Thank you for sharing!

Your article was successfully shared with the contacts you provided.
A 77-year-old Philadelphia man who served as a guard at two Nazi concentration camps has won the right to stay in the United States now that the 3rd U.S. Circuit Court of Appeals has upheld a decision that said he was an American citizen by birth and that his service with the Nazis was “involuntary” and therefore was not an “expatriating” act. In September 2002, U.S. District Judge William H. Yohn Jr. found that even if Johann Breyer had voluntarily joined the Waffen SS, it could not be considered an expatriating act since he was 17 years old at the time. On appeal, government lawyers argued that after Breyer turned 18, he again swore allegiance to Adolph Hitler and continued to serve voluntarily in the Waffen SS’s “Death’s Head Battalion” as a guard at the Auschwitz concentration camps. Now the 3rd Circuit has ruled that Yohn was correct in holding that Breyer’s service after age 18 cannot be considered voluntary because he feared he would be executed if he deserted. Yohn also noted that Breyer did desert his unit temporarily and showed other signs of reluctance to participate as a member of the SS, such as refusing to renounce his religion. In a 19-page opinion in Breyer v. Ashcroft, Chief Judge Anthony J. Scirica wrote: “Deserting his unit under what he believed to be penalty of execution suggests that Breyer’s service was not voluntary.” The ruling is a victory for attorney Martin Lentz of Pelino & Lentz who filed the suit after Breyer was deported. The suit asked for a declaratory judgment that Breyer is a U.S. citizen. Breyer’s case is unique among the former Nazis targeted for deportation by the Justice Department in recent years because his mother was born in the United States and was still an American citizen when he was born. At the time of Breyer’s birth, federal law provided for the conveyance of citizenship from a citizen father to his foreign-born child, but did not feature an analogous provision for the conferral of citizenship by an American mother unto a child born overseas. Until 1991, when the Justice Department filed a civil suit against him to strip him of his naturalized citizenship, Breyer was unaware of his possible American citizenship. In the first round of litigation, Breyer argued that his mother’s birth in the Manayunk section of Philadelphia conferred upon him birthright American citizenship. The Justice Department argued that the law provided citizenship only to the foreign-born children of American men. But Breyer won a major victory when the 3rd U.S. Circuit Court of Appeals found that such a male-only law would violate the Equal Protection Clause of the 14th Amendment. The effect of the 3rd Circuit’s decision in 2000 was that Breyer was deemed to possess birthright American citizenship despite not having known of the possibility that he enjoyed such citizenship until the early 1990s. However, the appellate court sent the case back to Yohn to determine if Breyer’s conduct during World War II amounted to expatriation. Wednesday’s decision from the 3rd Circuit upheld Yohn’s ruling that canceled the deportation. Scirica was joined by Judges Marjorie O. Rendell and Thomas L. Ambro.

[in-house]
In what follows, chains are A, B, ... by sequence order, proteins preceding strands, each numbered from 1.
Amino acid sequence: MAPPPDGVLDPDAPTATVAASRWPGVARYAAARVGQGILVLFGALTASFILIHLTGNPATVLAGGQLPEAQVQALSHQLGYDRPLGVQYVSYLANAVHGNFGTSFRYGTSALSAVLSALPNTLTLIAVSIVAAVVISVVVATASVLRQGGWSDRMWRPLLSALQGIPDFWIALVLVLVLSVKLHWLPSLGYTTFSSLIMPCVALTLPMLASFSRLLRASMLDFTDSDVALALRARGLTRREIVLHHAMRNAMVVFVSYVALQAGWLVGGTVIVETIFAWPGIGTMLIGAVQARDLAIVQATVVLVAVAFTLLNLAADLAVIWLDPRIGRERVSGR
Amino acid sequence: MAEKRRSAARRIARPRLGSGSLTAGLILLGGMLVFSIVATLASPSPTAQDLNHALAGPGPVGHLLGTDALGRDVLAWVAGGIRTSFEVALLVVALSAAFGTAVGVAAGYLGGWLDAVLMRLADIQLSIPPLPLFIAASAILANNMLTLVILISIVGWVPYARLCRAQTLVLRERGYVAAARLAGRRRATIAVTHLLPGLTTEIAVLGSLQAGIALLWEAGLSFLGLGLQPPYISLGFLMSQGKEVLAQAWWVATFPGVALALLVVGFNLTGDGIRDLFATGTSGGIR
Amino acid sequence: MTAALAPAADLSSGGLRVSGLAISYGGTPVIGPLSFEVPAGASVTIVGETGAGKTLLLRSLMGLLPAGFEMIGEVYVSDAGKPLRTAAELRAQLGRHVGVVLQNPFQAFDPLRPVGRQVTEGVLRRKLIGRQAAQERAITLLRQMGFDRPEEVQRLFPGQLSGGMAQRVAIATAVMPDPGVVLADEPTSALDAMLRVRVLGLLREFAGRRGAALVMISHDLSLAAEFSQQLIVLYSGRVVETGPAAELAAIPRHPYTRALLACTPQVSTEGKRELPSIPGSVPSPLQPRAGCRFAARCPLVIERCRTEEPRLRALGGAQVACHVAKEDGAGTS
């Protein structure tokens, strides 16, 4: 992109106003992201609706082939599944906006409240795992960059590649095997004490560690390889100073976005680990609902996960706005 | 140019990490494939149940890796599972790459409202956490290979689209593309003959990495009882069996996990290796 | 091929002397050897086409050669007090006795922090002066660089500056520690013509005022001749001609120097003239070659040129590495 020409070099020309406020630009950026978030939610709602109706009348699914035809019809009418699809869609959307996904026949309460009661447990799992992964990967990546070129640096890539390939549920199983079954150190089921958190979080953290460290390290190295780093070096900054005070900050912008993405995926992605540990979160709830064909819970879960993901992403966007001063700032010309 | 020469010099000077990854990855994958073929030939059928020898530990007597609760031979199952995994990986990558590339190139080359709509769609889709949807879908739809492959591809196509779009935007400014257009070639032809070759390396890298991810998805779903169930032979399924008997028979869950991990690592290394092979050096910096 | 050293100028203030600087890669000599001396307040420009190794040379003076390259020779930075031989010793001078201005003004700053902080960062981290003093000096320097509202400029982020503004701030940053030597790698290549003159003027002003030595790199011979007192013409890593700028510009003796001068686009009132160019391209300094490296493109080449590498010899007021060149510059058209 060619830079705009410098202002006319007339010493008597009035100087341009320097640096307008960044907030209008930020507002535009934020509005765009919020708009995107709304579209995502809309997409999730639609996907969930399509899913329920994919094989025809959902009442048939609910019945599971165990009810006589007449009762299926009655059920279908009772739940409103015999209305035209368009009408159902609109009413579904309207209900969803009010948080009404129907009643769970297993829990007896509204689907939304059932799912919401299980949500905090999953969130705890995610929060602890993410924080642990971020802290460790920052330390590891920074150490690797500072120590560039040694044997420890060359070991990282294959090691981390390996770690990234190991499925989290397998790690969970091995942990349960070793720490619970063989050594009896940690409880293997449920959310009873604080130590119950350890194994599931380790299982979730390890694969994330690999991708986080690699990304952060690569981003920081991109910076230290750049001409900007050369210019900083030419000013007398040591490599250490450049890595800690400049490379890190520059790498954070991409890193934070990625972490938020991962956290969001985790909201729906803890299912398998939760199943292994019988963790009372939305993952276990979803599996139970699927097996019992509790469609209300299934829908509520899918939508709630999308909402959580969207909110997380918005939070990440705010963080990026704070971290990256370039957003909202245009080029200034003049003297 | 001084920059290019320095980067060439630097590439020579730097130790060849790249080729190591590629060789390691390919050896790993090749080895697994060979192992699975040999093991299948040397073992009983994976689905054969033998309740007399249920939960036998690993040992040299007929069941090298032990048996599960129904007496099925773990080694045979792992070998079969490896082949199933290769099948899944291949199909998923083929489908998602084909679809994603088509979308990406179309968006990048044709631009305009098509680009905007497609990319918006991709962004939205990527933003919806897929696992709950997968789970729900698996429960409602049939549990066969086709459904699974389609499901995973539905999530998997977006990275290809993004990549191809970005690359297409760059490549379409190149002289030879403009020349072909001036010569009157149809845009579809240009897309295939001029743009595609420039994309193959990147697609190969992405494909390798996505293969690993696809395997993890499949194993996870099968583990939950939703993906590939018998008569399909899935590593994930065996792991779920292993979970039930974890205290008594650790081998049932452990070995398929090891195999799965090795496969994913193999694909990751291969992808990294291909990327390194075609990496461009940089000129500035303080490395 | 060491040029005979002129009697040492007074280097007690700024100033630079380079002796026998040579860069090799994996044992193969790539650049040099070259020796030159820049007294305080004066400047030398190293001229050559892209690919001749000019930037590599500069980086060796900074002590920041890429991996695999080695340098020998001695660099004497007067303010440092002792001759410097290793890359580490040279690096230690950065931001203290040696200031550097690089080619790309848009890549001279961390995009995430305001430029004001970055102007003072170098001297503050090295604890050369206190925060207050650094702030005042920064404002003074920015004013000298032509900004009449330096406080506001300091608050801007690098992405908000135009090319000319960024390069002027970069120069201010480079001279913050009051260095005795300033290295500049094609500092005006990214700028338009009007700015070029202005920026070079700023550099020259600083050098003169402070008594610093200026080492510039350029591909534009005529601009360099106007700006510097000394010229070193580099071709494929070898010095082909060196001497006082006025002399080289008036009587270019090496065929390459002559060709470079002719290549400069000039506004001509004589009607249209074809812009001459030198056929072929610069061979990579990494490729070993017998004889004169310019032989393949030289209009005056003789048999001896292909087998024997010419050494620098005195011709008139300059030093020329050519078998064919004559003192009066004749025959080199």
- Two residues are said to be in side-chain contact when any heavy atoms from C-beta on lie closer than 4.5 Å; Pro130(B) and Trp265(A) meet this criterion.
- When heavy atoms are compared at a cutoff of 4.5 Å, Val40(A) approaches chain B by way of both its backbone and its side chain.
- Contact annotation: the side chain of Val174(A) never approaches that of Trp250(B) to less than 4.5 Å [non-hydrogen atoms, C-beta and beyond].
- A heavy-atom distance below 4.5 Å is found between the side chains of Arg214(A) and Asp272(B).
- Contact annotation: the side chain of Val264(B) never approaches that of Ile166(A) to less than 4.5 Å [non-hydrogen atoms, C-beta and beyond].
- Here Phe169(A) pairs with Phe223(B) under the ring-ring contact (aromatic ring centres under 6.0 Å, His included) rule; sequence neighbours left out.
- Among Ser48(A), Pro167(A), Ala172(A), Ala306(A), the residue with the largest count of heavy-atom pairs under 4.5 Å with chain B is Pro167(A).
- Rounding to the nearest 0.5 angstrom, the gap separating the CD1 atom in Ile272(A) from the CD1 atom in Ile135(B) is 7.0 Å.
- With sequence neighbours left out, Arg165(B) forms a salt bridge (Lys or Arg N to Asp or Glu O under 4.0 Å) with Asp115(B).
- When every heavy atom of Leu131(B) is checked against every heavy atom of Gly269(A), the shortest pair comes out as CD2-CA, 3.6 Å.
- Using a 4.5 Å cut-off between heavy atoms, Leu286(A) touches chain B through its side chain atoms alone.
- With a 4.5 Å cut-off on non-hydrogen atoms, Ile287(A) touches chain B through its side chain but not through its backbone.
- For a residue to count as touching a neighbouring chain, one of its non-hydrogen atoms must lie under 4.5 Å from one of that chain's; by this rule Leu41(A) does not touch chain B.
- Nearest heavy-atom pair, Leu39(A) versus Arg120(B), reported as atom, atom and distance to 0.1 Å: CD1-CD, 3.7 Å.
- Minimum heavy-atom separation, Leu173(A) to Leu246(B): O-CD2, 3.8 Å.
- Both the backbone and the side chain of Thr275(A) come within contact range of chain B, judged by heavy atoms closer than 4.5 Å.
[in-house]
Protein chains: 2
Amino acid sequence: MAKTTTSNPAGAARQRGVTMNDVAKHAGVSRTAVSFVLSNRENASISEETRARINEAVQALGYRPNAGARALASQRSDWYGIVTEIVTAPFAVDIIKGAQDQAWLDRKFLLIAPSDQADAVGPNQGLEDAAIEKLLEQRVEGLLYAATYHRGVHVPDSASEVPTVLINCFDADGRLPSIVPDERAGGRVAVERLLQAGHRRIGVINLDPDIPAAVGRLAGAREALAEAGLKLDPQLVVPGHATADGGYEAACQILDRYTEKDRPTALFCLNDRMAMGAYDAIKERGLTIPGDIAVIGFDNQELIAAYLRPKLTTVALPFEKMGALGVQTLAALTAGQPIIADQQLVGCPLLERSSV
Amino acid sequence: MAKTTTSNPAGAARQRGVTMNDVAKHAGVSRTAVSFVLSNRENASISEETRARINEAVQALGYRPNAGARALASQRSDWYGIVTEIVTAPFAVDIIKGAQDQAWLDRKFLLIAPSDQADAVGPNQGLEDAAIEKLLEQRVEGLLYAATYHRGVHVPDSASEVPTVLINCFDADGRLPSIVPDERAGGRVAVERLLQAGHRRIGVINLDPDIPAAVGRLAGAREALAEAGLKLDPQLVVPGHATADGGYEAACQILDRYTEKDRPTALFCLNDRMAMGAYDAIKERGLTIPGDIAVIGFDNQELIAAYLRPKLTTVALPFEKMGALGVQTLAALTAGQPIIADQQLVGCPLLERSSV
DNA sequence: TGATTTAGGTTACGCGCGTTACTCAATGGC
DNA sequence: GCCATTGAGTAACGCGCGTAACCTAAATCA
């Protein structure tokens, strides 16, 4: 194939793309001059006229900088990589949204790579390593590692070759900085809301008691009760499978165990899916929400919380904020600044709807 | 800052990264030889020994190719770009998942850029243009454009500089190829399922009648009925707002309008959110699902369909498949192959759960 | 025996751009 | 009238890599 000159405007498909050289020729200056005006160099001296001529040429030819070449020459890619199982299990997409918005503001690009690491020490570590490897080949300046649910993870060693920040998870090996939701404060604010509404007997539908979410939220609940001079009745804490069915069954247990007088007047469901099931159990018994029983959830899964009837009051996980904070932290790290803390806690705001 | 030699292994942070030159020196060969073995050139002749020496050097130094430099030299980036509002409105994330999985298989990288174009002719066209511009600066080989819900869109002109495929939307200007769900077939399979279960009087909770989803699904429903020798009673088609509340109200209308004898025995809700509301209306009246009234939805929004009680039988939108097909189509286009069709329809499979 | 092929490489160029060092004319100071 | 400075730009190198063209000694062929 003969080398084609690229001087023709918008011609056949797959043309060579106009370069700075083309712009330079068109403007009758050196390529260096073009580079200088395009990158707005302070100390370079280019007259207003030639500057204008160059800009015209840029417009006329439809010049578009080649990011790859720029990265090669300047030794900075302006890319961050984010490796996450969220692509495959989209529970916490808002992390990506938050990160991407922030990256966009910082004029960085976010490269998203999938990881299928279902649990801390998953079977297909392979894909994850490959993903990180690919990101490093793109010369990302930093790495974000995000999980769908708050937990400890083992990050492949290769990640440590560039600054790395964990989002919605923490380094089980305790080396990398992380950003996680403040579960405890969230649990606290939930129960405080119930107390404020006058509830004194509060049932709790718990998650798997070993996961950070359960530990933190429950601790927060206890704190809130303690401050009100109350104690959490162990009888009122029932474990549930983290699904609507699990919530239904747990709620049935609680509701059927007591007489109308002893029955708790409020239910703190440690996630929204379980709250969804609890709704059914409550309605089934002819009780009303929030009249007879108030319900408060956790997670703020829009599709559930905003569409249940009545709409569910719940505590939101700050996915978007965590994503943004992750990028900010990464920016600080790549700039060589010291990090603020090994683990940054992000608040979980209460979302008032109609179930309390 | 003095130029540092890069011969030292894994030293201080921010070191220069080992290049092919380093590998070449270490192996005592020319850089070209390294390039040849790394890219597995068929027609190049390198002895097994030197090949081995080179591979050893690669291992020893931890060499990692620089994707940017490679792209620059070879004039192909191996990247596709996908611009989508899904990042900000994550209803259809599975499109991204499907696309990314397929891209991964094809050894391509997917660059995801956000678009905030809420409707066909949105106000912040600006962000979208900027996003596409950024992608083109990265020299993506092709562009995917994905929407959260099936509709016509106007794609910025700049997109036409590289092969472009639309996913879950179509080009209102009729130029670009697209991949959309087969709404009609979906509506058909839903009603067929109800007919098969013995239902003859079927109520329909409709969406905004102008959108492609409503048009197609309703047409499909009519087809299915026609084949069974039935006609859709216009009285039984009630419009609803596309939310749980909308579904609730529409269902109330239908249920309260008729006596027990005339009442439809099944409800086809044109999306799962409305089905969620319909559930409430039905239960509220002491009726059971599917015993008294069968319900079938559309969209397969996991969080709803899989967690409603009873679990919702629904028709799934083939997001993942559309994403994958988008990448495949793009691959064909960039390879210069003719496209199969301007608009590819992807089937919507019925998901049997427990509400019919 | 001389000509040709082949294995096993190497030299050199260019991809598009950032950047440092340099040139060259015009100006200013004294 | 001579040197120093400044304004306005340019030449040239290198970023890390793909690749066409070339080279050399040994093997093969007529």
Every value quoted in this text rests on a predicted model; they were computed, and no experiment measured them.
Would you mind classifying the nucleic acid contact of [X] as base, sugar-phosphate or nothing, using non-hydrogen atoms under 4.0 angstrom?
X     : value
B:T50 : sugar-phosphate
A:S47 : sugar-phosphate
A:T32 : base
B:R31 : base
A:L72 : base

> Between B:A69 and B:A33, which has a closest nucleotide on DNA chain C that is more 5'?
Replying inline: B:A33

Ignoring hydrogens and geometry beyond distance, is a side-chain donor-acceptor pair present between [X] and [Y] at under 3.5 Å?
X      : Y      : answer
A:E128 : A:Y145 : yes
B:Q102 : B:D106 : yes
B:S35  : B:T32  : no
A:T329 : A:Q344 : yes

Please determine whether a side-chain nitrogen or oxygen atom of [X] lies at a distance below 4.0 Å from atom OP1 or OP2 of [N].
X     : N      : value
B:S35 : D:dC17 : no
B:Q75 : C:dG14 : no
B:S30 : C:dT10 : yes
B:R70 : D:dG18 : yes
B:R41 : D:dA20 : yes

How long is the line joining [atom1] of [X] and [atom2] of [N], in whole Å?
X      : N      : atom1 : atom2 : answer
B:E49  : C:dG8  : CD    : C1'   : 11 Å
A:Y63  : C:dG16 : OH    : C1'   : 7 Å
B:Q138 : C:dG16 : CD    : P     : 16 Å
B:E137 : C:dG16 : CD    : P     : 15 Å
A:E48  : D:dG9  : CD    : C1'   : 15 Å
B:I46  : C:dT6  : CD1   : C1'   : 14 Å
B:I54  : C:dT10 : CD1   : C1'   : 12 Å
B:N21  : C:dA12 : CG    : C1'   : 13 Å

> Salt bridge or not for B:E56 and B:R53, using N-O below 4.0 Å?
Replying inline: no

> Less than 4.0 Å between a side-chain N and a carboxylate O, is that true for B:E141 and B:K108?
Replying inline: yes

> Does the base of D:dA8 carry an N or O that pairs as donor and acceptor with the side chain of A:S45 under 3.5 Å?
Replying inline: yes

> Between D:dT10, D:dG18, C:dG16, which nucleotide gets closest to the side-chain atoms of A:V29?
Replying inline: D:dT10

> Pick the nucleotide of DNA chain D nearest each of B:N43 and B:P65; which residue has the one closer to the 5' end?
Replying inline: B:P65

This content has been archived. It is available exclusively through our partner LexisNexis®.

To view this content, please continue to Lexis Advance®.

Not a Lexis Advance® Subscriber? Subscribe Now

Why am I seeing this?

LexisNexis® is now the exclusive third party online distributor of the broad collection of current and archived versions of ALM's legal news publications. LexisNexis® customers will be able to access and use ALM's content by subscribing to the LexisNexis® services via Lexis Advance®. This includes content from the National Law Journal®, The American Lawyer®, Law Technology News®, The New York Law Journal® and Corporate Counsel®, as well as ALM's other newspapers, directories, legal treatises, published and unpublished court opinions, and other sources of legal information.

ALM's content plays a significant role in your work and research, and now through this alliance LexisNexis® will bring you access to an even more comprehensive collection of legal content.

For questions call 1-877-256-2472 or contact us at [email protected]


ALM Legal Publication Newsletters

Sign Up Today and Never Miss Another Story.

As part of your digital membership, you can sign up for an unlimited number of a wide range of complimentary newsletters. Visit your My Account page to make your selections. Get the timely legal news and critical analysis you cannot afford to miss. Tailored just for you. In your inbox. Every day.

Copyright © 2020 ALM Media Properties, LLC. All Rights Reserved.